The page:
Dhauli Buddhist site:

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Just 8km from the capital city of Bhubaneswar is an ancient center for Buddhism, popularly known as the Dhauligiri Hills. Established on the banks of river Daya, the famous Shanti Stupa (peace pagoda) is known for its serene and scenic views of the valley. It is believed that after the infamous Kalinga War, King Ashoka had a change of heart at this place and he adopted the path of peace by following Buddhism. He laid the foundation of Dhauligiri Shanti Stupa, where the war ended, and constructed edicts that display his intention to promote joy, peace, and contentment across the world. The edicts carved at this site are engraved in Brahmi script and Prakrit language, highlighting the principles of Buddhism to the world. Another famous spot here is the Dhavaleswar Temple, an ancient shrine that attracts many devotees every year. The Ganesha Temple and the Bahirangeswar Temple in the vicinity are also excellent examples of ancient architecture. There’s also a noteworthy rock-cut elephant next to the stupa, which the earliest recorded Buddhist sculpture constructed believed to be constructed in the 3rd Century BC. It is said to be the oldest rock-cut sculpture in India and signifies Buddha’s birth. Many devotees and tourists come to the stupa to pray and look for historical trails around this significant Buddhist dome.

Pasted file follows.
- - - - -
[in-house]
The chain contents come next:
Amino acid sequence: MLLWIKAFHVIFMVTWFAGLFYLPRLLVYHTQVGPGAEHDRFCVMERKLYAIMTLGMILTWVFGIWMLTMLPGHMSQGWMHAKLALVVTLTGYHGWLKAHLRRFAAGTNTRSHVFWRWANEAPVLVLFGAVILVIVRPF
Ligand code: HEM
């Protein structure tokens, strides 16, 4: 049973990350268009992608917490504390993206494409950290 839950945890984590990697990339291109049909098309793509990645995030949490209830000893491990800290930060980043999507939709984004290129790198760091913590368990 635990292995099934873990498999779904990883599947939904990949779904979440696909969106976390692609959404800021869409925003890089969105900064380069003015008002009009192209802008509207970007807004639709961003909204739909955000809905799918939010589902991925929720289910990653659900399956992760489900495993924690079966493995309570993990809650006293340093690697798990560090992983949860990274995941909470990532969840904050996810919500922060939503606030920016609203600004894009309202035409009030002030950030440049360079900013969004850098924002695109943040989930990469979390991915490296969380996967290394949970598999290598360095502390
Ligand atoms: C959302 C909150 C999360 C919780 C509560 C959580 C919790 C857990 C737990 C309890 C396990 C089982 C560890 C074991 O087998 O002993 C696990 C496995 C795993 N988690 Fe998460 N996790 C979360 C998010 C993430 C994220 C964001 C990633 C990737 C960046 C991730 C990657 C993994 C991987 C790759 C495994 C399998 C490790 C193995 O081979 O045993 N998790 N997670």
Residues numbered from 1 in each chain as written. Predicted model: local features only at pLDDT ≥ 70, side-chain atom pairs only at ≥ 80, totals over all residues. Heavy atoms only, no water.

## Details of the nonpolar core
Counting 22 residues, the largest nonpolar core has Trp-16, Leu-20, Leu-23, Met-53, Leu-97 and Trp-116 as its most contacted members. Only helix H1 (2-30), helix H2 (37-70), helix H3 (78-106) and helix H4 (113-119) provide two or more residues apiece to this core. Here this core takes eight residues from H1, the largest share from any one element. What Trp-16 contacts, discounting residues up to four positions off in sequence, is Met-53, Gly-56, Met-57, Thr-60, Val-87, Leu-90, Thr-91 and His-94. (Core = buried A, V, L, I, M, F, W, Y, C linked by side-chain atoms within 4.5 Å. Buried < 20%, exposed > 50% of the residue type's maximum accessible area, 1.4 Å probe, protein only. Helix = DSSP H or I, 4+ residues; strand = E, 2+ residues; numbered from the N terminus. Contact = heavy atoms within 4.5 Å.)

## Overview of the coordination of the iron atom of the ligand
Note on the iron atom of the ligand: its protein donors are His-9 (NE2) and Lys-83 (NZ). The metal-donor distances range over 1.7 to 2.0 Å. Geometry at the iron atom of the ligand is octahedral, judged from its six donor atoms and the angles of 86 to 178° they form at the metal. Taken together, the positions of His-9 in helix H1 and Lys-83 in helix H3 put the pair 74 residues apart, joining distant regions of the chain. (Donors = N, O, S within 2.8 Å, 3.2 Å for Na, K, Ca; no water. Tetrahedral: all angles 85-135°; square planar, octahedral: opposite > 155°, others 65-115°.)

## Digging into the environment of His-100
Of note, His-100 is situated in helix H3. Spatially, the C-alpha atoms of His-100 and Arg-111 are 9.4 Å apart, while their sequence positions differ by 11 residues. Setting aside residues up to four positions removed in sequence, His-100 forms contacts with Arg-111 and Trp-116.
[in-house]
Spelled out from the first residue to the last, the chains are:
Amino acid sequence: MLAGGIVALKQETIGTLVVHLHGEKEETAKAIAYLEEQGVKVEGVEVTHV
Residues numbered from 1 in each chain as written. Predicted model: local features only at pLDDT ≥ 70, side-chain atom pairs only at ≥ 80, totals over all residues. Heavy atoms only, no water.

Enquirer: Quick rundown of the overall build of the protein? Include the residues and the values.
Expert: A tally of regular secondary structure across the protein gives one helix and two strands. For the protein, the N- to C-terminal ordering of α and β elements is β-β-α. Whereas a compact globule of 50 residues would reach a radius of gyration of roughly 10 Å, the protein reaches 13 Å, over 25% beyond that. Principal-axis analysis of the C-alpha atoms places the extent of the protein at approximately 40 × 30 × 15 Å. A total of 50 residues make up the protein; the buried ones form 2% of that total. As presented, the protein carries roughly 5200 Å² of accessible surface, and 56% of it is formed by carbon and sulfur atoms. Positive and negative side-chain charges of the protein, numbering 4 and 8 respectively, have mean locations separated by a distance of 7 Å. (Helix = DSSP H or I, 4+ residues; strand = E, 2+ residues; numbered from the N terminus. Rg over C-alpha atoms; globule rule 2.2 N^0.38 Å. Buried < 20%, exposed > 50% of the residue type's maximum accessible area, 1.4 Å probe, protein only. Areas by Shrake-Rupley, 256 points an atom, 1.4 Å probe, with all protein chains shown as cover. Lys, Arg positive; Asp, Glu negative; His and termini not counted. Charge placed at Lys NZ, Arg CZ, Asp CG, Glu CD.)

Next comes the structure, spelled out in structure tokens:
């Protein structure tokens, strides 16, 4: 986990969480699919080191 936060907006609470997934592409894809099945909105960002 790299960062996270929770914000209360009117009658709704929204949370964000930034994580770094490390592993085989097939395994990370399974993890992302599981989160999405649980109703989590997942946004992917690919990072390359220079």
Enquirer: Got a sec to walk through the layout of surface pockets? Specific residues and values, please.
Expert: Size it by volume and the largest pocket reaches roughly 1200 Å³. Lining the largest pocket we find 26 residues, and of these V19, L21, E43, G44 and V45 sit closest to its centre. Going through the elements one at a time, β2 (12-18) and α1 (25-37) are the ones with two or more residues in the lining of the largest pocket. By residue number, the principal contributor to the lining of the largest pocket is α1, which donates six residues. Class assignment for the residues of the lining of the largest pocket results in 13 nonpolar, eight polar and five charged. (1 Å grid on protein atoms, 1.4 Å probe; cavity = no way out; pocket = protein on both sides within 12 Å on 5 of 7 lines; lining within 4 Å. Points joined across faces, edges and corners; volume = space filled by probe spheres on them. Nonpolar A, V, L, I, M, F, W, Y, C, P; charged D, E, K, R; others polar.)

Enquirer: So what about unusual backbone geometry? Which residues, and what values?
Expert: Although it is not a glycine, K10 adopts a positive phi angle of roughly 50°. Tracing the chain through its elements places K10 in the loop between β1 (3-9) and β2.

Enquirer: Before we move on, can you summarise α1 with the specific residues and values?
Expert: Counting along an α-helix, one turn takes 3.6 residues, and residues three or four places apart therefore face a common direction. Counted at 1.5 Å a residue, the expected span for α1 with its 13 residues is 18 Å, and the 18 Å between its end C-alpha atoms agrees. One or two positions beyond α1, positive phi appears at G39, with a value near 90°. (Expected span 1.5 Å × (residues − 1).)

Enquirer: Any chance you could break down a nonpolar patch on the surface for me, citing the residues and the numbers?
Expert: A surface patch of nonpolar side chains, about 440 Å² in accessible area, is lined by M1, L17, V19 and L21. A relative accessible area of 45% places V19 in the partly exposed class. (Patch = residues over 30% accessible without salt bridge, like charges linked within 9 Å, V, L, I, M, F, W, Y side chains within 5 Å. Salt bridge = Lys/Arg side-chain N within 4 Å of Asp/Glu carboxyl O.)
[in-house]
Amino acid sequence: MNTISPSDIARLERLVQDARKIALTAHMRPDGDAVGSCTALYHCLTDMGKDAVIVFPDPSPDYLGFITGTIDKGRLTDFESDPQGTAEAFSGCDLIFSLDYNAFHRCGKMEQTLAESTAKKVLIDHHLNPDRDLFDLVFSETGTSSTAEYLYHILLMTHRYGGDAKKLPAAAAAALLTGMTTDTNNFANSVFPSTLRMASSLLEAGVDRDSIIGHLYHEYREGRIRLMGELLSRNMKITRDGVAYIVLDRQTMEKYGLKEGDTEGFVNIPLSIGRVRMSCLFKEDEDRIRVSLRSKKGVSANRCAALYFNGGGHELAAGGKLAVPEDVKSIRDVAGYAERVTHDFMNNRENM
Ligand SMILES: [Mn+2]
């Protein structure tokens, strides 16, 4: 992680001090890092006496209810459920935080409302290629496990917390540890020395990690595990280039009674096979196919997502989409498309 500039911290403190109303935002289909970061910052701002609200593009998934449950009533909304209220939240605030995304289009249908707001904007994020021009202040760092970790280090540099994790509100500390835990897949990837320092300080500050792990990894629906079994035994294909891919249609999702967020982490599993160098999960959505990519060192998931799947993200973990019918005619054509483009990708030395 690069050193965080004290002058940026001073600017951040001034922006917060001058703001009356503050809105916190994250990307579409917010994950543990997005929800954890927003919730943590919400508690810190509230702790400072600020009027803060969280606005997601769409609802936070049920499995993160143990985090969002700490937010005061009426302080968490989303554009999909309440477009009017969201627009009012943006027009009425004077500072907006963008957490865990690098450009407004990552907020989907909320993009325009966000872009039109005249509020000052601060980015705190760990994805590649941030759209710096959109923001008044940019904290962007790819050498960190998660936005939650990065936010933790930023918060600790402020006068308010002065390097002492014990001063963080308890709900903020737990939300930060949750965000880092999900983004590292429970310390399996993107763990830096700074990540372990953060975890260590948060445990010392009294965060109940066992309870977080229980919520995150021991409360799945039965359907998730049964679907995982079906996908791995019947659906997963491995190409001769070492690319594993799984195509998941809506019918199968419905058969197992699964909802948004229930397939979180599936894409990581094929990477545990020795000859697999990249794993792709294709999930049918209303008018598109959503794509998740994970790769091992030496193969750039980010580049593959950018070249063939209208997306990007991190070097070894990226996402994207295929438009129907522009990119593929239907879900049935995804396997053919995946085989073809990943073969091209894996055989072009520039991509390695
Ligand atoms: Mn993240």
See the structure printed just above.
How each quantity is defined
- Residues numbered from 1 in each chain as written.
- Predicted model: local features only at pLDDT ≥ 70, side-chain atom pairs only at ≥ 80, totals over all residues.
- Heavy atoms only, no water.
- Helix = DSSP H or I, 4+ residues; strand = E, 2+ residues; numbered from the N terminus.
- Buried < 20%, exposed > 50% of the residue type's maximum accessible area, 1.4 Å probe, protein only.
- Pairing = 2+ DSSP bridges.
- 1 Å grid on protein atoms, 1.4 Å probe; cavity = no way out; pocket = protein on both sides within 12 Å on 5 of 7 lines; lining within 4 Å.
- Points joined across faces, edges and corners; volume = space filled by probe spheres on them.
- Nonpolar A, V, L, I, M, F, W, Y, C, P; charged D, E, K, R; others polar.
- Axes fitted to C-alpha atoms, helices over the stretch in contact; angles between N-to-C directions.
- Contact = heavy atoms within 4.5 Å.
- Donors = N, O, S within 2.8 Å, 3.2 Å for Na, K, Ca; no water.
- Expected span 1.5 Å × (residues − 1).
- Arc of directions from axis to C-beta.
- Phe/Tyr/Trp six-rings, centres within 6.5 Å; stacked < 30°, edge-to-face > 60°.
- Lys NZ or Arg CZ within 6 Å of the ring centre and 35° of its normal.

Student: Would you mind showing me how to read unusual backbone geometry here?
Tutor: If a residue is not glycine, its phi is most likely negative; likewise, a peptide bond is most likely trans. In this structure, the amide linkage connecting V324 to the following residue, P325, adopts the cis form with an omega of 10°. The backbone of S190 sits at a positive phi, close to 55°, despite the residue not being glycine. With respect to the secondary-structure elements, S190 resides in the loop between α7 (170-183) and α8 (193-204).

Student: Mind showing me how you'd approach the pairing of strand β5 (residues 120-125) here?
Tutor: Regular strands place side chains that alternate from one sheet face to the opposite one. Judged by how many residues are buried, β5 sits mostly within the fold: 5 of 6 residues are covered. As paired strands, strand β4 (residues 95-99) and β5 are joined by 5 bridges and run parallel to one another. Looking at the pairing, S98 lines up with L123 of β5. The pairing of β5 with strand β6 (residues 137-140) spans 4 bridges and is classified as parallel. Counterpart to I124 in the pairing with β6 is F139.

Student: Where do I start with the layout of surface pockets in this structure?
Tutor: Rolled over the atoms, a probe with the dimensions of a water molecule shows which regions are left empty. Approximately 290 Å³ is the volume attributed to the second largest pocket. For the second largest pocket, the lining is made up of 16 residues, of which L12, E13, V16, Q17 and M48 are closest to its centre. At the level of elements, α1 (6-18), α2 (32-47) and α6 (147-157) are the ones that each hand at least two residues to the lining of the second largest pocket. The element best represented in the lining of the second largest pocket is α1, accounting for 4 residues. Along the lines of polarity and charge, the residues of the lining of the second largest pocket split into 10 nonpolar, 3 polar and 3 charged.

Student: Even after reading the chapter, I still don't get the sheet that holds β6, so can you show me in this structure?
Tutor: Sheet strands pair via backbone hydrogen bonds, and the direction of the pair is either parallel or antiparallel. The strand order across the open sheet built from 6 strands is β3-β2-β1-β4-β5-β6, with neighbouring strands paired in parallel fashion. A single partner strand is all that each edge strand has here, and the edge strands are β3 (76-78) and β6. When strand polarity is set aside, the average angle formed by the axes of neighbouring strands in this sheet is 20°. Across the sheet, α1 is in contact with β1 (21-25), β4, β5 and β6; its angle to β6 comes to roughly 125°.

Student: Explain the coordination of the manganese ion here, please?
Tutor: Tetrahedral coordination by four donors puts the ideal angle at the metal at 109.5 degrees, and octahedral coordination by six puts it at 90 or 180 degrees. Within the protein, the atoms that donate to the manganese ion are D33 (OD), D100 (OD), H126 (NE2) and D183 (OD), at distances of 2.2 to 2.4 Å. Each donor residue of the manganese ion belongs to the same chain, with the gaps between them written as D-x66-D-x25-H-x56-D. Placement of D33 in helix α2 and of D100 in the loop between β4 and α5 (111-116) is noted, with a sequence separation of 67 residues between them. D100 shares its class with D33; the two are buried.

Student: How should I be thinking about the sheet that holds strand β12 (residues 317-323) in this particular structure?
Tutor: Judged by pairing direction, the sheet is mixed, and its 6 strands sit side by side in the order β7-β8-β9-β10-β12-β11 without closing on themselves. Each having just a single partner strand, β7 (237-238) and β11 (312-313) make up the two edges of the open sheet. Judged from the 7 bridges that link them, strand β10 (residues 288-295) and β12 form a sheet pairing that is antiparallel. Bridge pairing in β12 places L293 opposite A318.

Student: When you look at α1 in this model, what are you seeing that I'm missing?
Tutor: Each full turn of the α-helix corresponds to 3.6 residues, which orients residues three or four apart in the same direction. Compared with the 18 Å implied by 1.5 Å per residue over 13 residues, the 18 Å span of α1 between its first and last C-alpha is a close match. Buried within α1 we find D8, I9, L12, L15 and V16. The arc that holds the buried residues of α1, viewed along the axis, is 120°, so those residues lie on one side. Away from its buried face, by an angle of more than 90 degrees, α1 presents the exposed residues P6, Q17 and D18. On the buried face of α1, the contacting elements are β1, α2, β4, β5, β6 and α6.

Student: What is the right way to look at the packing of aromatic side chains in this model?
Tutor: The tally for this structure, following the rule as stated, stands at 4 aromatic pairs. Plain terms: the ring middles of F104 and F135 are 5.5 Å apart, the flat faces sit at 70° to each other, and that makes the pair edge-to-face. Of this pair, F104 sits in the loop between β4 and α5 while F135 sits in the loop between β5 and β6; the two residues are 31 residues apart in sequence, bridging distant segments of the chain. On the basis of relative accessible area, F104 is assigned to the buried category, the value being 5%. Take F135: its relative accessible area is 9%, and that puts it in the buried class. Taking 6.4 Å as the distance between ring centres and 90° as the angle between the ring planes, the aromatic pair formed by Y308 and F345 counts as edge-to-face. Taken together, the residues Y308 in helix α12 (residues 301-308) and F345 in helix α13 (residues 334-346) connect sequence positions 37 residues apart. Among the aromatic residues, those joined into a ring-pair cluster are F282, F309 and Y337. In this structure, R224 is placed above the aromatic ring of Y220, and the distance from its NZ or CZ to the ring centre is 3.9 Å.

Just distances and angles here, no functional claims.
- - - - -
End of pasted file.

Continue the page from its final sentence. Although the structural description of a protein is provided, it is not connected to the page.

Khandagiri and Udayagiri Buddhist site:

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The city of Bhubaneswar is home to some ancient Buddhist and Jain historical monuments, which are currently in ruins but were quite prominent once upon a time. The Udayagiri and Khandagiri rock caves, also called the called Kattaka Caves or Cuttack caves among locals, are an interesting addition to the heritage of the capital city. These archaeological, historical, and religious sites are visible from a distance as they are a complex of rock-cut caves built naturally amidst hilly forests in the outskirt of the city. These caves are listed as “must see” in the list of Indian heritage sites by the ASI, and are a complex of relic monastery and residential blocks spread across two adjacent hills —  Udayagiri and Khandagiri, formerly known as Kumari Parvata in the Hathigumpha inscription. These caves are believed to be constructed during the reign of Kharavela king of Kalinga, who built these ornate caves for Jain monks.  The sunrise hill Udayagiri has 18 natural caves, and Khandagiri has 15 natural caves that were excavated by the king for Jaina ascetics, and one of the most prominent here is the Ranigumpha, which is a double storey monastery. Other important caves in the complex are the Hathi Gumpha, Ananta Gumpha, Ganesha Gumpha, Jaya Vijaya Gumpha, Mancapuri Gumpha, Bagha/ Byaghra/ Vyaghra Gumpha, and Sarpa Gumpha.